One enjoyable thing is the gameplay, however. It's essentially Super metroid's gameplay, but in 3D. I'm surprised how well they made it work. You don't have to worry about the camera, considering it stays in on a separate angle in each area. It's nice that you don't have to work the camera in this game, because the enemies will give you a run for your money much more than the environment. It's not that the enemies are tough in this game, but they're knit-Picky. You can't take them out easily until you get something new. At a certain portion of the game, you're faced with this near indestructible bug which constantly dodges your attacks, and has these long tentacles that can also reach you when you try to dodge. Only when you finally get your Super missiles (which is after having faced it at least three times) can you fully defeat this wretched thing. You can also get stuck in these scenes where you have to fend off tons of enemies at once. The diffusion beam would be incredibly useful, if it worked favorably in these situations, the diffusion sparks tend to be put in random places and only help when they manage to freeze one of the enemies you're facing. All in all, this game can sometimes be frustrating to progress in, and not through the environment.
You know, I'm sitting here saying bad things about the environment, when it's not actually all that bad. Their design is great. They do feel restricted, but streamlined, as well. Everything does what it needs to, and leads where it needs to. It feels like a huge world, even though it's a top-secret space station where they did questionable experiments. There is one thing that (kind of) bugs me, though. All of the areas are separated entirely. Sector 1 is a forest/wildlife atmosphere. Sector 2 is an arctic/oceanic atmosphere, and sector 3 is a volcanic/desert atmosphere. Another thing is the references to life it makes. She constantly refers to the baby metroid from Super Metroid as “The Baby”, gets a distress signal known as a “Baby's cry” and it's seen constantly throughout the story the references to parenting. It's even in the title: Other M (Mother).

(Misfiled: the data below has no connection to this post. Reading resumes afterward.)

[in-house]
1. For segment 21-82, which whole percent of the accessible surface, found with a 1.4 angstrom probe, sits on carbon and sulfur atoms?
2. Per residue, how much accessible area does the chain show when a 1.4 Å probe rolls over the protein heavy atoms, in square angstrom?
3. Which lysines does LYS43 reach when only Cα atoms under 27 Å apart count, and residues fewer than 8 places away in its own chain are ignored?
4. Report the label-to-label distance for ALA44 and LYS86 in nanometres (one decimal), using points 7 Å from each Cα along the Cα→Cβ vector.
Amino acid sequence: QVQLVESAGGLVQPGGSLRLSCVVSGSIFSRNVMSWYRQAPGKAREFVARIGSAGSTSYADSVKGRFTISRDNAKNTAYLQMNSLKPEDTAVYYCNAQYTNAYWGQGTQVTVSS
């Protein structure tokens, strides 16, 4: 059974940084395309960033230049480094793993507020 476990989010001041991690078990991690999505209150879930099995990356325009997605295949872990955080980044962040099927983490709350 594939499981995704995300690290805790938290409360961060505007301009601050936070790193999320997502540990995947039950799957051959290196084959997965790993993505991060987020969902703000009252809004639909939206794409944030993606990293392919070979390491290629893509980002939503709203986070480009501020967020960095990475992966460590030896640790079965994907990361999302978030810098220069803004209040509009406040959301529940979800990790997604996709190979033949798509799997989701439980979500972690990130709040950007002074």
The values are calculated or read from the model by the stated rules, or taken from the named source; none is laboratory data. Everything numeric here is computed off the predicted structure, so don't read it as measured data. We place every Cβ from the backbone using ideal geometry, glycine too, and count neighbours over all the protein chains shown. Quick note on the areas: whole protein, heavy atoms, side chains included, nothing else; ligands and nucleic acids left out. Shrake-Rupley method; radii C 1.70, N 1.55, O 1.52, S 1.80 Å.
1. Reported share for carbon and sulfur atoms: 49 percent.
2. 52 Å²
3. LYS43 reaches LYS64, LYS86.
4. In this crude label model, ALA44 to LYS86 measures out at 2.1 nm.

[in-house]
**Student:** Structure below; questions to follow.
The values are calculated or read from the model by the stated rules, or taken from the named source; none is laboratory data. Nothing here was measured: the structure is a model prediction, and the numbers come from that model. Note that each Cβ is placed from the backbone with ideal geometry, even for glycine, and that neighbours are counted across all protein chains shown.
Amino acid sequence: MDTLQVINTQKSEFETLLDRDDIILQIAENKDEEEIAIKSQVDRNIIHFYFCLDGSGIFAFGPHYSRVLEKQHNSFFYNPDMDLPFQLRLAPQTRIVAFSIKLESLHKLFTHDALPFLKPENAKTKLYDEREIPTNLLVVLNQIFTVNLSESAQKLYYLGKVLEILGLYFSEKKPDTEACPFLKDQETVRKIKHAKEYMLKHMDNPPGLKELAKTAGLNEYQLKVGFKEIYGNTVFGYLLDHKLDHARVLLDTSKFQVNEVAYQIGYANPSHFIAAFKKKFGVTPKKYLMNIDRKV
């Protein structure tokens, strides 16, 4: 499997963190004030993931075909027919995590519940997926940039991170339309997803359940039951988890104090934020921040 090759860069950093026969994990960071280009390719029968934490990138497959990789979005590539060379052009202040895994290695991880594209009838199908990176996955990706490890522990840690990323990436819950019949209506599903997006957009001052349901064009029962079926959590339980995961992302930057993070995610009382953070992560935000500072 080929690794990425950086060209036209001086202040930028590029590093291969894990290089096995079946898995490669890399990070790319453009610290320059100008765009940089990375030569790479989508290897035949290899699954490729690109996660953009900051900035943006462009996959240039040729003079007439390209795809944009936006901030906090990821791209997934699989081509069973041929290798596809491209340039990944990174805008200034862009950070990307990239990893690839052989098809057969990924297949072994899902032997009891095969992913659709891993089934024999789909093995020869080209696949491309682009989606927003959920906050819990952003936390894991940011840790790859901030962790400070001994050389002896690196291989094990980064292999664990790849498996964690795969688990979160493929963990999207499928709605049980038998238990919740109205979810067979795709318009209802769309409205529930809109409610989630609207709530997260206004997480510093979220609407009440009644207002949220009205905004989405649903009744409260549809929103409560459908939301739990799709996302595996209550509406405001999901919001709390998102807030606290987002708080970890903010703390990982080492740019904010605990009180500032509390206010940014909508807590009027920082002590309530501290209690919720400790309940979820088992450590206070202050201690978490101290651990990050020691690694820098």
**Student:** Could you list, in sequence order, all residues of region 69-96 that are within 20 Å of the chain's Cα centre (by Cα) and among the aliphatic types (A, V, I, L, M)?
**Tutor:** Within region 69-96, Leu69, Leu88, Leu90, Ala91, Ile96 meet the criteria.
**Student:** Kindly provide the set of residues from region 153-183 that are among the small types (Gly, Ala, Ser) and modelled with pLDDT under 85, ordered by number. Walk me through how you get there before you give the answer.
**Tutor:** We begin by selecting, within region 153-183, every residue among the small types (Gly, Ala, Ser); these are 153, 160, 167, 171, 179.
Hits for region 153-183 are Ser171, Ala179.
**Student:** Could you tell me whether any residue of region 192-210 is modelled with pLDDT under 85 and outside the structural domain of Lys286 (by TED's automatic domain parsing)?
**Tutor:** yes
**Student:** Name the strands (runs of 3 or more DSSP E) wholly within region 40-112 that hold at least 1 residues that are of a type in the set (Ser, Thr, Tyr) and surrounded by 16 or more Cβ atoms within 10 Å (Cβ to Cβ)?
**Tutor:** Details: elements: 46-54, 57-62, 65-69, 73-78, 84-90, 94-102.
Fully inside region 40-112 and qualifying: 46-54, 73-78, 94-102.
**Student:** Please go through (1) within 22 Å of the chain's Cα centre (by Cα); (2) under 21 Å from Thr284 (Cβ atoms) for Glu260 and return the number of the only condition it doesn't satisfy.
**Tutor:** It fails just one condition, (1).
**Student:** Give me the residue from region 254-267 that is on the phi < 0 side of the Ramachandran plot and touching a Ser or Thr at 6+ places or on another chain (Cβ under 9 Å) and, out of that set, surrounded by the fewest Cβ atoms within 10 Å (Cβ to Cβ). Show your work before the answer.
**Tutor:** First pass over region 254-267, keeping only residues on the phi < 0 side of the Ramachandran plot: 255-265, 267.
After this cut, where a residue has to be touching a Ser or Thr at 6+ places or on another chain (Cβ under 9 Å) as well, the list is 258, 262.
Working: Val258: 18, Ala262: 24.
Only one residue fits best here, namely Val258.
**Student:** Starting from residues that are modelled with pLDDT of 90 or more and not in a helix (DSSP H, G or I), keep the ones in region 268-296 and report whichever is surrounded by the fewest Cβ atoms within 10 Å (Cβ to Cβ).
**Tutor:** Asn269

The game also makes a great habit of building suspense, especially in these cutscenes. As you see the story unfold, you really feel on edge, waiting to see what is happening. There are these awkward search and progress scenarios , though. You get stuck in first person view halfway through a cutscene, and the cut5scene doesn't continue until you find a certain, very tiny, target. The cutscene won't continue, and you won't be able to leave first person until you find it. Also, the first person mode used throughout the game can be kind of awkward. I'll admit, I'm not a huge fan of first person shooters. I honestly find them stale, And the Wii was never a fitting controller for Shooters. The pointing, though making it realistic, can seem flawed at times. This game is no exception. Pointing can be tough when you don't have your wrist rested on your thigh, which is what happens often with the Wii and shooting games. Unless, of course, you have one of those gun peripherals, which doesn't work all that well with this game, considering the switches between controls.
I think that's enough for today. I'd actually like to talk about much more than just what I have now. It's got tons of content to talk about, and is much more enjoyable than fans gave it credit for. It's an interesting take on the series, and though not an amazing sequel to Super Metroid, It still made itself into a pretty solid Metroid series. It also makes me want to play another Metroid game, but for now, I'll leave it alone. I need to think of something for friday. In the meantime, see you guys soon!